It is the avoidance of the concept of randomness that keeps us asking for the purpose of life. Heck, I was wondering about that when I was 10 or 11. I long decided there wasn't any, just whatever I choose to make my personal mission. Our existence is random.

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08-05-2013, 10:25 AM
RE: Why do some believe in a purpose?
(08-05-2013 09:04 AM)Ghost Wrote:  So from a psychological point of view, believing that one has a purpose leads to greater happiness.

That's not Theist propaganda, that's hard science.

Anybody else see a conflict there? Big Grin

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08-05-2013, 10:27 AM
RE: Why do some believe in a purpose?
(08-05-2013 10:19 AM)Dom Wrote:  But patterns are also a great fallacy, because they exclude randomness. Randomness is something we have difficulty wrapping our heads around. It goes against our very fiber.

When something appears to be random, we scramble to find patterns. People spend tons of money on the elusive roulette system (there is none that works), invent all kinds of woo and gods to explain random events, and what have you.

It is the avoidance of the concept of randomness that keeps us asking for the purpose of life. Heck, I was wondering about that when I was 10 or 11. I long decided there wasn't any, just whatever I choose to make my personal mission. Our existence is random.

"The human mind abhors a vacuum of sense. When faced with an absurdity it strains its interpretative faculty to the utmost, to make the meaningless meaningful."

And there you have it - religion in a nutshell (though it applies to many other things as well). Not that making up an explanation actually does make the meaningless meaningful, we're just very good at fooling ourselves, as a species.

And I love it that our existence is random. In its own way it makes the most perfect of senses. If I've said it once, I've said it dozens of times here - nothing can compare to the peace of mind that comes from accepting the randomness of our existence.

"E se non passa la tristezza con altri occhi la guarderĂ²."
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08-05-2013, 10:44 AM
RE: Why do some believe in a purpose?
Hey, Dom.

Quote:Patterns are a great tool, and we are not the only creatures who employ this. If patterns prove to be true over and over they end up being hard coded and in our genes.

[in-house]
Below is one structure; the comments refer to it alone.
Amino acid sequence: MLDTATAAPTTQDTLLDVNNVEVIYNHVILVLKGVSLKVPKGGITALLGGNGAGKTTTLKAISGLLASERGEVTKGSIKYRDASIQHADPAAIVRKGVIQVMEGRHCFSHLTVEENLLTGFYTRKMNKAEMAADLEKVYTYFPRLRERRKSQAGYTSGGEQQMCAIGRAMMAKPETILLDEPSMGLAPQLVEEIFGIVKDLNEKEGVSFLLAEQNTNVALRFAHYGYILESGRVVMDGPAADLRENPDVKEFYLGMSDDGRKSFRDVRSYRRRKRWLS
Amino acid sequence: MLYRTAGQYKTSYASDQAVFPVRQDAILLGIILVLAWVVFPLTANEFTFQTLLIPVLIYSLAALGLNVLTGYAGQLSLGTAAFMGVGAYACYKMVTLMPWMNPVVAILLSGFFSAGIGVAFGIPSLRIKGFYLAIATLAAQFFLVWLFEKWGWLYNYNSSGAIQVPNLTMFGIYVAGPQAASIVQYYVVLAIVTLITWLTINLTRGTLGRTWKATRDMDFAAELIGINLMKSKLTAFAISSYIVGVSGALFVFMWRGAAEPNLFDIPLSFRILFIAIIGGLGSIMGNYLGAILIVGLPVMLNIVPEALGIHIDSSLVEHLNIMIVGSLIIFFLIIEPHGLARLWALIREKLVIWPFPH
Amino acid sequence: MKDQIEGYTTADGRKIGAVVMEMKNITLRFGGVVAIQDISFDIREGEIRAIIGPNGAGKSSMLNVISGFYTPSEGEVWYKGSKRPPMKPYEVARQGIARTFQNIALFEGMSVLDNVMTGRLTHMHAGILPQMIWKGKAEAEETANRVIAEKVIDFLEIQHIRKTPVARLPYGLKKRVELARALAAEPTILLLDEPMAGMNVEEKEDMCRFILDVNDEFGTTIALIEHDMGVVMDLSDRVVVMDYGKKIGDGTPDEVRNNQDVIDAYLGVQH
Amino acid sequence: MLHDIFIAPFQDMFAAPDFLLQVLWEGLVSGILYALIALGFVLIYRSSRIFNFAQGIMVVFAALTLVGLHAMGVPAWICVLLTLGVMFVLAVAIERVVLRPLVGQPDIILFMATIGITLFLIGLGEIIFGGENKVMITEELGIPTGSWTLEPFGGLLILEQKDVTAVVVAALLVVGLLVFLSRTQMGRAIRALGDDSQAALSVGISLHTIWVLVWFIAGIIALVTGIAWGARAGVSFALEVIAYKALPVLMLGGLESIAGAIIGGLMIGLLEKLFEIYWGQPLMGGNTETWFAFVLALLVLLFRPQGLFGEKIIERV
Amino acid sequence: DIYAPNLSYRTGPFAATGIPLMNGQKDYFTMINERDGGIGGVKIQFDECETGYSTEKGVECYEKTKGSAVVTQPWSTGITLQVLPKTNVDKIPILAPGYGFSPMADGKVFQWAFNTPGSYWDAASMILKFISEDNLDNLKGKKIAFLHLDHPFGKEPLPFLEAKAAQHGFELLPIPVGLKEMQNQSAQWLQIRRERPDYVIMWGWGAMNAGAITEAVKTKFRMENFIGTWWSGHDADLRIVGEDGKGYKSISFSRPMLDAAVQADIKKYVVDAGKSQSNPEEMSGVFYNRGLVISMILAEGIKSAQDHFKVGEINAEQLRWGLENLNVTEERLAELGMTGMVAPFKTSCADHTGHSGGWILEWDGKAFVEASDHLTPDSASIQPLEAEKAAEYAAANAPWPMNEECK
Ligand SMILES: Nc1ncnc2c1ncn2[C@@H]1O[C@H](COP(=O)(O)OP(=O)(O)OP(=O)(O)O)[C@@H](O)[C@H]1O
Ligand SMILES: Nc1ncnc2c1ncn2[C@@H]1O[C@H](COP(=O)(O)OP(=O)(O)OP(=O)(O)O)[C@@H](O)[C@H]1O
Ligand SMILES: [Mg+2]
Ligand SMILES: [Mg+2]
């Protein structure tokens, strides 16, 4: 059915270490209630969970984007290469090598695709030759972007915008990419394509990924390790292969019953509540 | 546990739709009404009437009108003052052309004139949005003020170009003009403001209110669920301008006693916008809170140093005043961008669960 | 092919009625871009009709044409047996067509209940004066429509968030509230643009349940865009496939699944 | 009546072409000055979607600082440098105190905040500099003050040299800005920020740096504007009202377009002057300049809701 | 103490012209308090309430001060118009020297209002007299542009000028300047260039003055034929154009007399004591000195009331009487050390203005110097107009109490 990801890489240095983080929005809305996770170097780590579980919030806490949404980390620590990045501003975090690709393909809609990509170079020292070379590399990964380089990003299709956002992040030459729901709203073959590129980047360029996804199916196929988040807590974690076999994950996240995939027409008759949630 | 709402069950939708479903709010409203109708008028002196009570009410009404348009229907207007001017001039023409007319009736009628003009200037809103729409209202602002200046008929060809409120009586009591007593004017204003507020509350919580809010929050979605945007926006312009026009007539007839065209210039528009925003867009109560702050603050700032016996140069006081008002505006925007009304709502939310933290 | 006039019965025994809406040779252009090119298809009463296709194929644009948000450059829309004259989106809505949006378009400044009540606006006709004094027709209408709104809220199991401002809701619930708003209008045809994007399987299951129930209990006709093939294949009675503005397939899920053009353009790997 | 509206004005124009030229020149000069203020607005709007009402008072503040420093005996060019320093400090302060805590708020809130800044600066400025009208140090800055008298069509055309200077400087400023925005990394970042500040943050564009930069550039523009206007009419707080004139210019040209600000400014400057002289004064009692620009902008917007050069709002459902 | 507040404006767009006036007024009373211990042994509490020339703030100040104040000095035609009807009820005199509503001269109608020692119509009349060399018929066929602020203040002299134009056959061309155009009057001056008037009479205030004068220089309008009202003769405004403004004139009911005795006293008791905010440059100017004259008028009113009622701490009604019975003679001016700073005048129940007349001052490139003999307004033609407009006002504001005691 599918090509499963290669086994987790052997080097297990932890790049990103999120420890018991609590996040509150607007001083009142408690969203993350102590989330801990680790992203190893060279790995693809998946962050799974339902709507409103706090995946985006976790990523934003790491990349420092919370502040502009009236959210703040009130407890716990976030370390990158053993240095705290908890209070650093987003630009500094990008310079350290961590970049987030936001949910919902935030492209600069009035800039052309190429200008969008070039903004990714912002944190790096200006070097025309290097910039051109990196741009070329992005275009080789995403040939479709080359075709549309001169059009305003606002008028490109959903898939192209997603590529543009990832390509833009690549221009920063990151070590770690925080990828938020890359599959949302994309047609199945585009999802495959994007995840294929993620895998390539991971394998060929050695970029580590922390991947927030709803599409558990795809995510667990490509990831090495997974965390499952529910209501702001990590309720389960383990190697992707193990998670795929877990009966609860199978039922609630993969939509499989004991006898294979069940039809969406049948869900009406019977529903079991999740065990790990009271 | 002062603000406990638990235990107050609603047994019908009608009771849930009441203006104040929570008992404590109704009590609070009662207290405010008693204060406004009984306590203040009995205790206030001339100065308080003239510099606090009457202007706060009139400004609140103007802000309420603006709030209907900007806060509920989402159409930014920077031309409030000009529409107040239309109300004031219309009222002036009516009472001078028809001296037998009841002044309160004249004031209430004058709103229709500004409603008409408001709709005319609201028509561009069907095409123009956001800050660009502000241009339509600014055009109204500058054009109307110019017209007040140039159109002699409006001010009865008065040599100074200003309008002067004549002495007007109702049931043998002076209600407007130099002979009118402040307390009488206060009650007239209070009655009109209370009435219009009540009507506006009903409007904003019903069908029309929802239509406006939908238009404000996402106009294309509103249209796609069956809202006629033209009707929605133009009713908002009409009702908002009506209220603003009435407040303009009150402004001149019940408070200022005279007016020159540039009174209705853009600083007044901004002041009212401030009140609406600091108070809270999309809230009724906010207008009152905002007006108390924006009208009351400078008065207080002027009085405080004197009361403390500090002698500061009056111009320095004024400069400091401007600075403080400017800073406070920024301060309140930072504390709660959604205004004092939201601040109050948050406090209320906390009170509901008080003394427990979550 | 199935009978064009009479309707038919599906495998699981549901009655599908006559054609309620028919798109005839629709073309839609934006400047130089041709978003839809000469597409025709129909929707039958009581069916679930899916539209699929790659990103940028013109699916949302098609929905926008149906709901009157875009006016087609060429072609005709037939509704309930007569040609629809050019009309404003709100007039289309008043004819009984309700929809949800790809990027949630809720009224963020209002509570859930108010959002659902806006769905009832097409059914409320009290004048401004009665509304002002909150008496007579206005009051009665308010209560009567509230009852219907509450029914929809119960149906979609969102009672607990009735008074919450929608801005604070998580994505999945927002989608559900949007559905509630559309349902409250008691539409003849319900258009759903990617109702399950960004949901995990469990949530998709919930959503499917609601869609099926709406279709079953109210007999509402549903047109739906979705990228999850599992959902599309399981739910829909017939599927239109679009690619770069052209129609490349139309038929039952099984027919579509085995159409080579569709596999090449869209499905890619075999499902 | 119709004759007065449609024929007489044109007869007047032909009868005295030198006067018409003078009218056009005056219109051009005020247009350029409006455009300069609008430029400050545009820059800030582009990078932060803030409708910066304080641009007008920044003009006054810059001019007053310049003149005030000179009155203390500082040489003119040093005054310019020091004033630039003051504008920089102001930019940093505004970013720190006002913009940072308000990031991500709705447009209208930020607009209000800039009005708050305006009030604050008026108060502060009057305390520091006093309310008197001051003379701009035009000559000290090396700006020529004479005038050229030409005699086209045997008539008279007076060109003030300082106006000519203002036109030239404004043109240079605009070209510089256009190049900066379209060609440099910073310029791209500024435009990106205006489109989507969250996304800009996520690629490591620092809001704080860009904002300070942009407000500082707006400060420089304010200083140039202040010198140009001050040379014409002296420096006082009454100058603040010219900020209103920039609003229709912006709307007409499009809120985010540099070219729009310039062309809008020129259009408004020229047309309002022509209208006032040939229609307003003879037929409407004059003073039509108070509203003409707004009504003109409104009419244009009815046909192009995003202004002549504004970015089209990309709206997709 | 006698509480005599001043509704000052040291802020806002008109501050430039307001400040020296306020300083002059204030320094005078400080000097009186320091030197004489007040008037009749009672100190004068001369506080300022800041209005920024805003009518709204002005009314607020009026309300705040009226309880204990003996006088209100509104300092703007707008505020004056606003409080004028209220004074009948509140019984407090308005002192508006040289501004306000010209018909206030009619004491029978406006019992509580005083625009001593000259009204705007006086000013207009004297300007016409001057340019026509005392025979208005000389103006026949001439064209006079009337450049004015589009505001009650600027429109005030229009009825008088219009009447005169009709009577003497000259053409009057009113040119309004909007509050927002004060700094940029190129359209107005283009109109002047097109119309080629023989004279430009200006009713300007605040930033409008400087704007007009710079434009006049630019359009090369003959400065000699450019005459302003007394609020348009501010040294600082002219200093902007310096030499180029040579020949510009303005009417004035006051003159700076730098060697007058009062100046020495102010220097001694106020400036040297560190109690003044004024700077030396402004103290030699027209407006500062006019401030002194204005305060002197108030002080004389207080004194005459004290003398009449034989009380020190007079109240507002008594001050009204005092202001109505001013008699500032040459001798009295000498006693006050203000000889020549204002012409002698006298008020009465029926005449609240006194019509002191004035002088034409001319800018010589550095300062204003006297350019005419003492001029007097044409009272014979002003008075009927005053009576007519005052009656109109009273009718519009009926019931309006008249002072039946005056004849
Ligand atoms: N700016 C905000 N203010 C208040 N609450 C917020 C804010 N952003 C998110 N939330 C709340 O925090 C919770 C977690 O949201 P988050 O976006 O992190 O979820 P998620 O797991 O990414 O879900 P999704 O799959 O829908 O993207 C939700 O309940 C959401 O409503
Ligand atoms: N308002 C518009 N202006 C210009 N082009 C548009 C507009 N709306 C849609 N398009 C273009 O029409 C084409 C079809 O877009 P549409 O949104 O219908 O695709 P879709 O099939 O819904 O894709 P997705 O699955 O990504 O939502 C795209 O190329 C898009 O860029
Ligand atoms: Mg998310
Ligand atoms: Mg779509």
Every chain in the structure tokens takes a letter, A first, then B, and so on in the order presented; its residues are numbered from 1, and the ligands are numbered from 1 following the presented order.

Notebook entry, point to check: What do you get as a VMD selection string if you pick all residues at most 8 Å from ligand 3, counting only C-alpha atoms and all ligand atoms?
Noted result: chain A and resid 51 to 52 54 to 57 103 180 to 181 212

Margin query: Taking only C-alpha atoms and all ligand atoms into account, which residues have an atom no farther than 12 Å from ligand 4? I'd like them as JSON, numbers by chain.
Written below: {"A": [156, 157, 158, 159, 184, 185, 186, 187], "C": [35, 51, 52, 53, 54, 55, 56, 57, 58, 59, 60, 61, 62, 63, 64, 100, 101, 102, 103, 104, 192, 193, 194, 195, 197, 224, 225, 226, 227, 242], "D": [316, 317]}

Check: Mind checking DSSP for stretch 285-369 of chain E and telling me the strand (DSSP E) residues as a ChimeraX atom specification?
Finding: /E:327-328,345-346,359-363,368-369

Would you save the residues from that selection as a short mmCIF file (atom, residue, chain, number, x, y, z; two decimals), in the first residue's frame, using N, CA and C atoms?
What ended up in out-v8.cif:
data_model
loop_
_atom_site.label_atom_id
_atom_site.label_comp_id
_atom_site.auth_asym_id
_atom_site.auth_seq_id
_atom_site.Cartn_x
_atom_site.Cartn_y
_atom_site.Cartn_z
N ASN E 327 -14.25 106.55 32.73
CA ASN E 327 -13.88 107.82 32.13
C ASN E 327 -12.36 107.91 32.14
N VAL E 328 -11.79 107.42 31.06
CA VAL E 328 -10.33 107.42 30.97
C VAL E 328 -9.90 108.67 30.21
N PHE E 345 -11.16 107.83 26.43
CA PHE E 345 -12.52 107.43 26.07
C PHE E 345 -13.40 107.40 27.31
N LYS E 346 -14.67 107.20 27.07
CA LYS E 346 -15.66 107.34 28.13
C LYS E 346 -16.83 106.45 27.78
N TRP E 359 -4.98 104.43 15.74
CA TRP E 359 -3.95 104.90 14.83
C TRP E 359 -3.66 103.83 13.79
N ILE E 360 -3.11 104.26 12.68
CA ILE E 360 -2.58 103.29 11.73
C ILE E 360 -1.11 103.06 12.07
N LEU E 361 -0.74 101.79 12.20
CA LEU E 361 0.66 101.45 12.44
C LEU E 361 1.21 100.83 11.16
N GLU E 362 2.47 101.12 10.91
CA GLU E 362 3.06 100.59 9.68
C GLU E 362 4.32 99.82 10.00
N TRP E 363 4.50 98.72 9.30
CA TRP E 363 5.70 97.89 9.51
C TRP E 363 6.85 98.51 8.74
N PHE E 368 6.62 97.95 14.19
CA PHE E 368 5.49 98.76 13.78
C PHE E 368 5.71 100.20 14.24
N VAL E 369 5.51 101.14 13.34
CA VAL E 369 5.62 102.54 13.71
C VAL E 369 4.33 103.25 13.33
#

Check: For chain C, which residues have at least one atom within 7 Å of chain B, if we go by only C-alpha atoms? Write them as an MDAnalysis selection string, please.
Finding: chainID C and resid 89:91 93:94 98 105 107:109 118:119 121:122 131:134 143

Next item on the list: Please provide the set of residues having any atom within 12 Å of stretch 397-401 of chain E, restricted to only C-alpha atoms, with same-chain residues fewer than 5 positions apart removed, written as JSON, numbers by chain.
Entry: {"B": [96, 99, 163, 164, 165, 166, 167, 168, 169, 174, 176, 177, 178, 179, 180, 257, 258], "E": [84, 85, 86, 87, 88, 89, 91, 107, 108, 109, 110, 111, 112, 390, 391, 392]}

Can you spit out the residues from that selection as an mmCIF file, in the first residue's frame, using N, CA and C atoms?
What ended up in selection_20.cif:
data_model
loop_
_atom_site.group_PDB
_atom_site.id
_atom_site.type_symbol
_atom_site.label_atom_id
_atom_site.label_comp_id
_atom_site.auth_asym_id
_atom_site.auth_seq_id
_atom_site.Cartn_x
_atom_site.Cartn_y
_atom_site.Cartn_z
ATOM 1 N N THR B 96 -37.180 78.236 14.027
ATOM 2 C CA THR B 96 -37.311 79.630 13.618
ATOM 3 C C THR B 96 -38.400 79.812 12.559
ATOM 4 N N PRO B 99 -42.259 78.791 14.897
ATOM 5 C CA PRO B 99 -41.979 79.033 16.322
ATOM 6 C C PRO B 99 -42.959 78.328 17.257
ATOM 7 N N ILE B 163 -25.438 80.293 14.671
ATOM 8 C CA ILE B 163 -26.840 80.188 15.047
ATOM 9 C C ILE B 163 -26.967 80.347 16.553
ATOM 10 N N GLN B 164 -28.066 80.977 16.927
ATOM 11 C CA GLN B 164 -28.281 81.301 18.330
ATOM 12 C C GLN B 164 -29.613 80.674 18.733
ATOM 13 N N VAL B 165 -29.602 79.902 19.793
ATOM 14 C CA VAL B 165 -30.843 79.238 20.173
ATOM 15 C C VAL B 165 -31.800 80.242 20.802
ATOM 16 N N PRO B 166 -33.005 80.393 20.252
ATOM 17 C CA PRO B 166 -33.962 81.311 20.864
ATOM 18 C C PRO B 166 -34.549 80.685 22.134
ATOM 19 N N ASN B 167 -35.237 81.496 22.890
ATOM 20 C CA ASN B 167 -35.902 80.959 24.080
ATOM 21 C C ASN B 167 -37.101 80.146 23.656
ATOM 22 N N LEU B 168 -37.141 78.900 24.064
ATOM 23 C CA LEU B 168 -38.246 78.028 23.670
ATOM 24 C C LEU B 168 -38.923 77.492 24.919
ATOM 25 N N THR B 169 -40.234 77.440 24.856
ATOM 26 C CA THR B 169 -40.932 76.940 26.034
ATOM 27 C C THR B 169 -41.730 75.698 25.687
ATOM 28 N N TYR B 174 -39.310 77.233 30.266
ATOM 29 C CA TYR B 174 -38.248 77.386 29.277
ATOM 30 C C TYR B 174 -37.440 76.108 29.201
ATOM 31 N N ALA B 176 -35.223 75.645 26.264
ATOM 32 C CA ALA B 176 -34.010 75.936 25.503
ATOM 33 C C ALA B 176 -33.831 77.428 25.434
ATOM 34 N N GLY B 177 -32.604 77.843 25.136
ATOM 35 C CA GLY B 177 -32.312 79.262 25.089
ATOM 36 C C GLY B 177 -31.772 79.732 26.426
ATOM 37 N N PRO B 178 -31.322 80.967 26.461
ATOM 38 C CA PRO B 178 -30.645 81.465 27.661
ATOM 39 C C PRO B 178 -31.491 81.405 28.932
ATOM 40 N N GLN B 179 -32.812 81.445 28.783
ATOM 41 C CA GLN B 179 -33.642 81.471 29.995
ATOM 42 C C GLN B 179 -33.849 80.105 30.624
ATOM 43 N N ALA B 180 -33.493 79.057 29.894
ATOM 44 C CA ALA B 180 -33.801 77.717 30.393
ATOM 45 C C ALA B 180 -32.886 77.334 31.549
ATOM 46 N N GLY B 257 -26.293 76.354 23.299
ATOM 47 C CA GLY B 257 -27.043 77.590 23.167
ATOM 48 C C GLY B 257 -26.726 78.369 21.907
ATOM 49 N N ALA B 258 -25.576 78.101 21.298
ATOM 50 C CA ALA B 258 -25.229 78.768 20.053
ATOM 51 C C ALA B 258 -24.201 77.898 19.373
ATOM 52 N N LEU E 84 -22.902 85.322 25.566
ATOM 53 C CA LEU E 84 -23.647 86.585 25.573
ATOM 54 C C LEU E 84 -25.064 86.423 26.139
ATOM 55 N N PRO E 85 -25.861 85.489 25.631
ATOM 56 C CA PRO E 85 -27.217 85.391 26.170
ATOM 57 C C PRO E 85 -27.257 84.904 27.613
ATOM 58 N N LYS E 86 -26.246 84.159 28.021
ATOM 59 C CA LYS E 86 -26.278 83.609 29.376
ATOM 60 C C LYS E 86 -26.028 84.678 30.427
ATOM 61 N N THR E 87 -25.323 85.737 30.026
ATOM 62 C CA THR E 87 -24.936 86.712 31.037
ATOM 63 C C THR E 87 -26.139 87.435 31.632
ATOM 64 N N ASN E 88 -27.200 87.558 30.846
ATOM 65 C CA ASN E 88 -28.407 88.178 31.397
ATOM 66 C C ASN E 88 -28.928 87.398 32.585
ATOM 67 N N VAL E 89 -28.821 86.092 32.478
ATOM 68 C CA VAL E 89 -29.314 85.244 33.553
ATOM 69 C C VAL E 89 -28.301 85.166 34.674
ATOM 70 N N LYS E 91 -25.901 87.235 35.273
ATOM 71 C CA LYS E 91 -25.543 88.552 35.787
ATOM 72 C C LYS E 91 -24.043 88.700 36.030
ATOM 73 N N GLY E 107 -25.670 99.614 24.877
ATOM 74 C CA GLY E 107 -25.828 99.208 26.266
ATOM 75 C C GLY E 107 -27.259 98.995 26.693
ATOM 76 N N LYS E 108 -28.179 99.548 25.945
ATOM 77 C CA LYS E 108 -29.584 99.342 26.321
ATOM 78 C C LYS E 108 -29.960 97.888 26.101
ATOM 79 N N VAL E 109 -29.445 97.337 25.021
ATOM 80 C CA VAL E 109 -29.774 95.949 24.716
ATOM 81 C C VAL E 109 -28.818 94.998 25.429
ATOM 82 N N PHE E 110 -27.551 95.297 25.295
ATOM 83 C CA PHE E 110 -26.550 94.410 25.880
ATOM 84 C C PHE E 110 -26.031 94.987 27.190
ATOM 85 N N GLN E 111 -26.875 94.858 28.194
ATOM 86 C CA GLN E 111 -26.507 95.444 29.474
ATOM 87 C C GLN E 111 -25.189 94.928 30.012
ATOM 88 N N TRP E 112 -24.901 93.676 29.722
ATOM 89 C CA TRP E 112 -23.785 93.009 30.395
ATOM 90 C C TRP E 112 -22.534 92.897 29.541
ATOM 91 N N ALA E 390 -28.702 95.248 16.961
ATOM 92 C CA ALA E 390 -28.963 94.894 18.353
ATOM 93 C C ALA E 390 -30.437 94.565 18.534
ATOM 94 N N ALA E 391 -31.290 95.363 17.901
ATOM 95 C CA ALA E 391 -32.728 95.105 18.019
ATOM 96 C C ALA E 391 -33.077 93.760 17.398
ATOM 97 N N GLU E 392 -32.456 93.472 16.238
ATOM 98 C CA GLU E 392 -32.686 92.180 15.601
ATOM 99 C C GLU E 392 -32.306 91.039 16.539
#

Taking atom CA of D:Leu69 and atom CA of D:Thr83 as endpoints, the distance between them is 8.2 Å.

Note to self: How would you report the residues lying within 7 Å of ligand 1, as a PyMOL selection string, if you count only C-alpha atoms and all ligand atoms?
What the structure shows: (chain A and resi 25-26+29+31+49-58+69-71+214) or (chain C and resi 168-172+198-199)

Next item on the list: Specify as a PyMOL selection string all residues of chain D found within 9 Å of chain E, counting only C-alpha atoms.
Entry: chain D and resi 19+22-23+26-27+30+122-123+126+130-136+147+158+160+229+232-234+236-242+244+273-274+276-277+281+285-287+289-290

Can't say I agree with that.

Also, what you're speaking about with patterns is markedly different from what I'm talking about. Just for the record.

Hey, Vera.

What's the source of that quote?

Peace and Love and Empathy,

Matt
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08-05-2013, 10:49 AM
RE: Why do some believe in a purpose?
(08-05-2013 07:49 AM)Dom Wrote:  ...
Our propagation is leading towards extinction, it is not evolving towards a better or more dominant species.
...

The end of the world is nigh!

Doom! Doom! Dom the voice of Doom!

I'm going to have to change my sig now Sad


Just kinding, Dom, and thanks for the rep points. Smile

(08-05-2013 09:04 AM)Ghost Wrote:  ...
three things that make people happier:
Positive experience (fucking, good food, being rich, being beautiful, being adored, the more superficial things), mastery (being good at something, experiencing flow, using your best talents in life) and having a higher purpose (worshiping a God, serving the community, serving the growth of scientific knowledge, essentially using your talents in the service of something greater than yourself).
...

I'll change my sig to:
The PURPOSE of life is positive experience particularly fucking
The MEANING of life is mastery
The VALUE of life is having a higher purpose



Nah, the original was more poetic.

and I'm only quoting my own sig 'cause I know it irritates HoC Angel

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08-05-2013, 11:07 AM
RE: Why do some believe in a purpose?
(08-05-2013 10:49 AM)DLJ Wrote:  and I'm only quoting my own sig 'cause I know it irritates HoC Angel

Not so much anymore, now that I got one. But mine updates regularly. Tongue

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08-05-2013, 11:11 AM
RE: Why do some believe in a purpose?
(08-05-2013 10:44 AM)Ghost Wrote:  Hey, Vera.

What's the source of that quote?

Peace and Love and Empathy,

Matt

As far as I can remember, a book on semantics by Geoffrey Leech (I think). The original quote may have been a slightly differently phrased, I'm not too sure he didn't use this variant during a lecture or something. And he might have been paraphrasing someone else (other than it being a play on the saying that nature abhors a vacuum, that is).

It's just stuck with me ever since uni.

(The most hilarious thing is that if you google it with my exact wording... it comes back to this place. The circle is now complete Shocking )

"E se non passa la tristezza con altri occhi la guarderĂ²."
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08-05-2013, 11:40 AM
RE: Why do some believe in a purpose?
I always just took it as another "It makes me feel good to believe it, therefore it is true" things.
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08-05-2013, 02:28 PM
RE: Why do some believe in a purpose?
(08-05-2013 10:44 AM)Ghost Wrote:  Hey, Dom.

Quote:Patterns are a great tool, and we are not the only creatures who employ this. If patterns prove to be true over and over they end up being hard coded and in our genes.

Can't say I agree with that.

Please explain.